When people who are different are isolated from the masses they become unapproachable. Scary. Someone to be avoided. When we lack an understanding of how to behave, we protect ourselves by circumventing potentially uncomfortable situations.
Creativity happens when disparate groups of peoples or cultures blend to create something new. And if the general public is distanced from people who are different, there are no opportunities for new, shared ideas. Therefore, one of the principles for designing for the fringe is to focus on togetherness, not on individuals.
As children, we are the most susceptible to new ideas and ways of thinking. In a research paper comparing how adults versus children react in atypical relationships or situations, the researchers found that children "are less biased by prior assumptions and pay more attention to current evidence" than adults. But in our culture, those formative years are generally the years children with disabilities are most segregated from their peers, often attending special schools.
Jonny and Melissa Fisher of Pocatello, Idaho wanted their daughter, Brooklyn, to experience the joy and freedom kids experience in a playground. However, with Spina Bifida, there was no place in their community for Brooklyn to play with other children.
Instead of being discouraged, Jonny and Melissa saw an opportunity for their community. They raised $500k+ to create an accessible playground for Brooklyn and all of her friends. (Listen to the 7:50 NPR segment for more of the story.)
This inclusive playground for Brooklyn has therapeutic swings, ramps for the play structures and soft surfaces for play giving Brooklyn, and the other 3,000 kids in the Pocatello community with a disability, a place to play with all of their friends.
NPR is building a national database of accessible playgrounds. If you need one, or know of one near you add it to the list.
Discussing Designing for the Fringe on the 3D LILA Podcast.
Designing for the Fringe: Making dysphagia-safe carrots at home.
The presentation and my notes from my portion of the presentation at South by Southwest (SXSW). My perspective was mostly focused on the utilitarian purpose fo 3D printed food -- particularly for those with Swallowing Disorders (Dysphagia).
Dysphagia is the medical term for the symptom of difficulty in swallowing. Dysphagia brings a major life change. Advancements in the word of 3D printing open the door for more people to enjoy nutritious, fresh food.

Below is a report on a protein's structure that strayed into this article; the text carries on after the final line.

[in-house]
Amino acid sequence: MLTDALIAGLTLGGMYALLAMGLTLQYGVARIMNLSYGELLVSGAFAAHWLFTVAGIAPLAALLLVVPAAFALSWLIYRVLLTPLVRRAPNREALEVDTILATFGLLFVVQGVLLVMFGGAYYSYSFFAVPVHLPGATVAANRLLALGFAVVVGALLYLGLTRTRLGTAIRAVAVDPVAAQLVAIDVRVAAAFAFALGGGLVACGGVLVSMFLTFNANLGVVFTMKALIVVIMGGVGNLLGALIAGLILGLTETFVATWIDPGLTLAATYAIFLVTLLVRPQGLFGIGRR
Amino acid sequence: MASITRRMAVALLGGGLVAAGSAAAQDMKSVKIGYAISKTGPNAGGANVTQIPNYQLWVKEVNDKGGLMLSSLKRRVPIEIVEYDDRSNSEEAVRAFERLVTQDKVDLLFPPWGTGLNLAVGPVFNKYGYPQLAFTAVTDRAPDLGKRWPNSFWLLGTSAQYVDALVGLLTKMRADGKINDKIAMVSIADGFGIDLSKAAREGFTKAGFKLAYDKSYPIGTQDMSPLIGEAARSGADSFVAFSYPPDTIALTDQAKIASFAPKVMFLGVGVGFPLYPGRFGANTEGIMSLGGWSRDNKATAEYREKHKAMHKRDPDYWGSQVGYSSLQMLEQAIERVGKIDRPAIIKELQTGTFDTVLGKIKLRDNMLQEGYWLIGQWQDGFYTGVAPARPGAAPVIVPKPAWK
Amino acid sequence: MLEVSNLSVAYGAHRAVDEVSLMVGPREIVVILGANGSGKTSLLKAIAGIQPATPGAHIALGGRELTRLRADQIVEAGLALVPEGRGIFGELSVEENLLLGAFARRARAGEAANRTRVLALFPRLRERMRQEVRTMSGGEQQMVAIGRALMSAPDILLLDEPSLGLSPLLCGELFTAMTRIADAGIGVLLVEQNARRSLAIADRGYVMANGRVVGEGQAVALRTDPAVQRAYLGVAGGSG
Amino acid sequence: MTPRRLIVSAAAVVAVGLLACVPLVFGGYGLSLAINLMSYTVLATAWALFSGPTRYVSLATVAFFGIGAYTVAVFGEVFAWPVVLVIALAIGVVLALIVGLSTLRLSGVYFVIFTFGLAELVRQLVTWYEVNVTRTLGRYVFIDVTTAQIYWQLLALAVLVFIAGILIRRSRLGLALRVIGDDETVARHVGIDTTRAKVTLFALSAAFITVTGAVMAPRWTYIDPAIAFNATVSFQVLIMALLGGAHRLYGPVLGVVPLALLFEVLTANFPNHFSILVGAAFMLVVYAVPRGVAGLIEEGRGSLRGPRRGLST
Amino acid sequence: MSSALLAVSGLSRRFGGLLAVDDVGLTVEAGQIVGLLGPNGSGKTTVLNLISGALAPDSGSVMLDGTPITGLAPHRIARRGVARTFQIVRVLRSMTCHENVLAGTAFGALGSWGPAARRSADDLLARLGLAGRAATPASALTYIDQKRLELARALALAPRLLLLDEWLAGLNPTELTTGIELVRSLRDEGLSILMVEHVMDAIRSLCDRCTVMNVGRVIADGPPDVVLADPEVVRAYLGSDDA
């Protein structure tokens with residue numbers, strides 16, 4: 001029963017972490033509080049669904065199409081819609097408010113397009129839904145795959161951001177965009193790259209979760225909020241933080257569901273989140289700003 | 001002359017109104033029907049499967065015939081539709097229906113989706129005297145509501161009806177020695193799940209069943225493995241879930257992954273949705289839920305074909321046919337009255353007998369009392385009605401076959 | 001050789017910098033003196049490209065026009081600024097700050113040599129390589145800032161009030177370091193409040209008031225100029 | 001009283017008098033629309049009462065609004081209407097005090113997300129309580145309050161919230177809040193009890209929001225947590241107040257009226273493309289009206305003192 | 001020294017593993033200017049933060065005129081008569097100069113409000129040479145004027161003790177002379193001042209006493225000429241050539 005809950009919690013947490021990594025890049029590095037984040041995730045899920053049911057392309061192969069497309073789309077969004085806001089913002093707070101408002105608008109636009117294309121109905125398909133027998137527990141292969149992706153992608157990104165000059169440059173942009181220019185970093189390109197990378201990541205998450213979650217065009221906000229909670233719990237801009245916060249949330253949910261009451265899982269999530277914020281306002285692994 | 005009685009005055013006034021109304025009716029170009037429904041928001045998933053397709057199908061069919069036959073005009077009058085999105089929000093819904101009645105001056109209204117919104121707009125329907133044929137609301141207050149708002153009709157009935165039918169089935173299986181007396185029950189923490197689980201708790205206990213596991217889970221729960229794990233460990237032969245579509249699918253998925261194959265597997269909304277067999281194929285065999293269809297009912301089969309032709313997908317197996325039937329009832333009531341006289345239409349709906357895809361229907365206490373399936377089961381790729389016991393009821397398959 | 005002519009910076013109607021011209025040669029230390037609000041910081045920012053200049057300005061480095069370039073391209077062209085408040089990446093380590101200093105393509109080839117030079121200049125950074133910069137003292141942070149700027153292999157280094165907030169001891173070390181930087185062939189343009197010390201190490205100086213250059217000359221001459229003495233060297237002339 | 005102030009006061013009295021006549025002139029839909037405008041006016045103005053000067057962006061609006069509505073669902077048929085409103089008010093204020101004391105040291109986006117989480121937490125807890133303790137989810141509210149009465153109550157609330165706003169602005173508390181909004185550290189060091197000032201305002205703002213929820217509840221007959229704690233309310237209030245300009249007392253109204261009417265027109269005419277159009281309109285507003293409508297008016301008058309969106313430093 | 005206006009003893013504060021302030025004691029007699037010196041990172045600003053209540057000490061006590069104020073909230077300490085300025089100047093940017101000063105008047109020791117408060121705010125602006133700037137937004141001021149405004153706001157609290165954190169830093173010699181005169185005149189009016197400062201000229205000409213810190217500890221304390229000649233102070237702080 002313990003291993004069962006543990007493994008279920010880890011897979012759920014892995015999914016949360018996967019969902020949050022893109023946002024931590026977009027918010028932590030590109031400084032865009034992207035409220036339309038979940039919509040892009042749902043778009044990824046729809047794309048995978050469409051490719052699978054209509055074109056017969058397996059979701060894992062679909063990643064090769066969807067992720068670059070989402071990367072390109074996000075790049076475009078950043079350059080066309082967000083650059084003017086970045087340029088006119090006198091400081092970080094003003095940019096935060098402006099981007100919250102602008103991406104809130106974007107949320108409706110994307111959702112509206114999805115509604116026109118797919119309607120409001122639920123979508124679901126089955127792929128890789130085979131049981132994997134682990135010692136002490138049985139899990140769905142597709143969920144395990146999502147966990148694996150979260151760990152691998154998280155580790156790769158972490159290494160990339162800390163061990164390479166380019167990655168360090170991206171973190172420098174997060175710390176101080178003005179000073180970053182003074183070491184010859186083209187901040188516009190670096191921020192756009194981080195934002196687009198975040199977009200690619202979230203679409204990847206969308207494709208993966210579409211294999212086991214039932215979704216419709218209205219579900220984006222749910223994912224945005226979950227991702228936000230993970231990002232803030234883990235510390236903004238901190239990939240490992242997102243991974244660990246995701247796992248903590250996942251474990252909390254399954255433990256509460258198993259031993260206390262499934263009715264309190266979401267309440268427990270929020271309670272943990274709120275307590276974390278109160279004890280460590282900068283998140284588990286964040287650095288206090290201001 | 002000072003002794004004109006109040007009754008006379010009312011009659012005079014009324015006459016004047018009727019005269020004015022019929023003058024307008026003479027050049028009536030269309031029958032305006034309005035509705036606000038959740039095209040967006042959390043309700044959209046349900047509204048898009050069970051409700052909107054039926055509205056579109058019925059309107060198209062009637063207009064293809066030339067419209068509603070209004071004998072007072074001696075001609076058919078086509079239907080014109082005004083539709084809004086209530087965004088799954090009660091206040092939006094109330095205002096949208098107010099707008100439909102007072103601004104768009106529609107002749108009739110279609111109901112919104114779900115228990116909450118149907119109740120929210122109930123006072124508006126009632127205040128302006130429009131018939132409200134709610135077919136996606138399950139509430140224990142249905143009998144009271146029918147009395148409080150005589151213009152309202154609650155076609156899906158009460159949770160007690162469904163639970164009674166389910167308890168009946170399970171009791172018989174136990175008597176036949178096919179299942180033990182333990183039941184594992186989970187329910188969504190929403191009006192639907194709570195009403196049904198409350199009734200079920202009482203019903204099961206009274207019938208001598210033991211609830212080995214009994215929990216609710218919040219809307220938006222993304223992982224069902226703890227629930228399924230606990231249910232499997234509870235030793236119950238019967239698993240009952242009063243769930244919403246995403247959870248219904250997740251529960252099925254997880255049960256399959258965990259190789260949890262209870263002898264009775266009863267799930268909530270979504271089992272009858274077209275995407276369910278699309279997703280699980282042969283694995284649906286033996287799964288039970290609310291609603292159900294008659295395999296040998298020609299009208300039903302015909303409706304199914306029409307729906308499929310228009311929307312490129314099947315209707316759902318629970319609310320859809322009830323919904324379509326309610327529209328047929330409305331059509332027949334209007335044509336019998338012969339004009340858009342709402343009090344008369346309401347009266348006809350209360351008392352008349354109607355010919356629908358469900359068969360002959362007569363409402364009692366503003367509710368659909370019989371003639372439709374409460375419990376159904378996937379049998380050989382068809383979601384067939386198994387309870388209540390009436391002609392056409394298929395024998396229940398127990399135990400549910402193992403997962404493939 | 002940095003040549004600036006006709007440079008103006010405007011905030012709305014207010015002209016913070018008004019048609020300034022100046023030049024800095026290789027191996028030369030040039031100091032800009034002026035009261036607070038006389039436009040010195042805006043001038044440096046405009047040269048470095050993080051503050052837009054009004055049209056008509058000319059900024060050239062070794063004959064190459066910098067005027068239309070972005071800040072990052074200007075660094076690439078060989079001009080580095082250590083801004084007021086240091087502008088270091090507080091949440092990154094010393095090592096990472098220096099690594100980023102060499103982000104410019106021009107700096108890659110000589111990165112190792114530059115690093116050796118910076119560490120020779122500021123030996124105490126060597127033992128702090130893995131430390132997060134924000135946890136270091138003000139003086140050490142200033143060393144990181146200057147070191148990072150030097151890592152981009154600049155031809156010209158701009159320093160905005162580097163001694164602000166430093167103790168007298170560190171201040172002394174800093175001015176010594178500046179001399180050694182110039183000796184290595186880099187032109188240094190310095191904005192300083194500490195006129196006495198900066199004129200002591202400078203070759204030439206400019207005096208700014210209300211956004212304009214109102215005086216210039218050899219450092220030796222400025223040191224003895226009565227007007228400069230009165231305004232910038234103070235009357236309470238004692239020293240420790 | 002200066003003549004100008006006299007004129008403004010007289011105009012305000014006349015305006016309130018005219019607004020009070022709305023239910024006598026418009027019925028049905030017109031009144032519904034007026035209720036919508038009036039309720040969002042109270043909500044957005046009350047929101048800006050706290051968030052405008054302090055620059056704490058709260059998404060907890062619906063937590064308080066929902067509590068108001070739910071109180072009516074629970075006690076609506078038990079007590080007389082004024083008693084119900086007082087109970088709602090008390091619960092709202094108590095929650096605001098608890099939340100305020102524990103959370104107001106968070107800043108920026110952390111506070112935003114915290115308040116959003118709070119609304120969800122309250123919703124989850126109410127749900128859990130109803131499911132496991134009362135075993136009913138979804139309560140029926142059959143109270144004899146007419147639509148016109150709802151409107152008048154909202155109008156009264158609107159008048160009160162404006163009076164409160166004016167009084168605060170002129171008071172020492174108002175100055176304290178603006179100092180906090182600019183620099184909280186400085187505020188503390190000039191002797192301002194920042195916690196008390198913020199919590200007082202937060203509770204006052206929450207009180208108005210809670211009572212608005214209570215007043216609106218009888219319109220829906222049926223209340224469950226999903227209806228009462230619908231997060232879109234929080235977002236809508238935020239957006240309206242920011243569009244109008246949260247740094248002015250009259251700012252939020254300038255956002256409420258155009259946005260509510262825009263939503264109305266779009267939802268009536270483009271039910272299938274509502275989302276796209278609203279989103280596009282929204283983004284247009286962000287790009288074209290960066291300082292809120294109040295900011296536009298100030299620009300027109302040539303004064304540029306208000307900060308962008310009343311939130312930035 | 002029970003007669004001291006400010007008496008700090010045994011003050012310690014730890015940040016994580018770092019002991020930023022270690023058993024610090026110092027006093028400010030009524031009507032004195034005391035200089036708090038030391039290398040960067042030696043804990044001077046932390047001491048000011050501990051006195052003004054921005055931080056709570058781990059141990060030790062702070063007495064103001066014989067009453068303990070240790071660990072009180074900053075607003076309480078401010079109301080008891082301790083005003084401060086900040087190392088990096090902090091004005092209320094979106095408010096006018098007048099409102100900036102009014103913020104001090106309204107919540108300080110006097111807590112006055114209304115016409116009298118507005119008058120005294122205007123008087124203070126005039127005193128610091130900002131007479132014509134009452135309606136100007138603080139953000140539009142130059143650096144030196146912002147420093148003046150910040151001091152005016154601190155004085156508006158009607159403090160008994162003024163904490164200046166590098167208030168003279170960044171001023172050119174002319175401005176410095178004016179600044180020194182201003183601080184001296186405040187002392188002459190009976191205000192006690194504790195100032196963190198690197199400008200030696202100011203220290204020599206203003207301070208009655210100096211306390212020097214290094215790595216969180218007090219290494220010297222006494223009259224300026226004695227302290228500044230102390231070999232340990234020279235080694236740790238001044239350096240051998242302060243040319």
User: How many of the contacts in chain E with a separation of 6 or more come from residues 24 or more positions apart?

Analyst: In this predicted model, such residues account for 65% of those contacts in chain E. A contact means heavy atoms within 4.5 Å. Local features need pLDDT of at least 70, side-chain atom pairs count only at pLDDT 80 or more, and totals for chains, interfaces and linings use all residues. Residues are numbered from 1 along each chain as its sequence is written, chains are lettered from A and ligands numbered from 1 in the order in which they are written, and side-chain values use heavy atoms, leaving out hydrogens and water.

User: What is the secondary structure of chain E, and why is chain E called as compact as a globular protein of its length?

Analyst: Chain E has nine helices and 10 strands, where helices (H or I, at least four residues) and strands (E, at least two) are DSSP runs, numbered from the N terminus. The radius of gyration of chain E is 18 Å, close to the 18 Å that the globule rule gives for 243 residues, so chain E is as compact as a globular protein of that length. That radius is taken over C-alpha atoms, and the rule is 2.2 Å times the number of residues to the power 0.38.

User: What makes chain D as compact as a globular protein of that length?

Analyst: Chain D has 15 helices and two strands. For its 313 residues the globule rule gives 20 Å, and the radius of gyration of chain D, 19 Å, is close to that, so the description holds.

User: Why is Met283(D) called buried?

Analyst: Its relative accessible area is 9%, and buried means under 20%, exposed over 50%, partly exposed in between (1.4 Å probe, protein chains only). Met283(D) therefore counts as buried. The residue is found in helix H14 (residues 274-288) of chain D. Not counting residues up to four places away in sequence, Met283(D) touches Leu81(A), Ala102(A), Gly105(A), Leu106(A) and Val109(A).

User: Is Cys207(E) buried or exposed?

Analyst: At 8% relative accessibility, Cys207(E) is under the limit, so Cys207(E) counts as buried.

A few notes about my submission to the Panel Picker for the 2016 SXSW Interactive festival.
A tiny home could make it easier for my mom to age near us (or for us to live near her).
The US transportation system falls short for the elderly. Understanding why can make it better.
The NEA focuses an entire issue on the arts and accessibility to celebrate the 25th anniversary of the Americans with Disabilities Act. *Swoon*
Stephanie Thomas is cur8able, curating clothing and lifestyle products that are accessible /smart/ stylish for people with disabilities.
A video game, Forget-Me-Knot, helps people understand what it is like to have Alzheimer's.
Headphones help those who are blind use the ATM. Watch and learn.
BrainDance is a collaborative project bringing together dance choreographers, neuroscientists, physicians, philosophers and people with Parkinson's disease to explore movement.
Despite multiple setbacks, Frida Kahlo did not live in the world of the disenfranchised. She lived as a goddess whose entire being is a work of art.
The dying process is messy. It’s hard on everyone. It’s confusing. It’s painful. It’s the beginning of your grief. Talking about it early will help the survivors cope.
Surfing the web, and this website, with a screen reader.
How the blind watch movies, TV and play video games.
Emily McDowell made empathy cards to say all the things that are difficult to say.
As your parents and loved ones grow older you start to notice subtle differences in the way they live their lives. These modifications generally come after something has happened.
Crisis Mappers Network, a large, active, international community of experts, practitioners, policymakers, technologists, researchers, journalists, scholars, hackers and skilled volunteers who are using technology, crowd-sourcing and crisis mapping to answer our humanitarian needs.
Through telepresence and a Segway-like robot, Beam helps those with disabilities see the world.
Can using 3D printing solve animal protection issues?
A wearable device that allows you to send messages with simple gestures.
The get-to-know-you card game for people you've known your whole life.
Personal experience helped a Boy Scout create a wearable to prevent Alzheimer's patients from wandering.
A 12-year-old makes a braille printer with Legos. In other unrelated news, I waste a lot of time watching TV.
Peter and Peregrine are advocating for children and engineers to work together to create solutions.
Neil Brandvold speaking on conflict journalism and what it's like to be a witness to culture changing moments.
I conducted a Workshop on Designing for the Fringe. Here are the ideas we brainstormed at this amazing conference.
Did you know it is super hard to get yourself weighed if you're in a wheelchair? I didn't either.
Inclusive playgrounds aren't a given in our society, but they're important.
If you're interested in Inclusive Playgrounds, check out the brainstorm I conducted at the SwitchPoint Conference.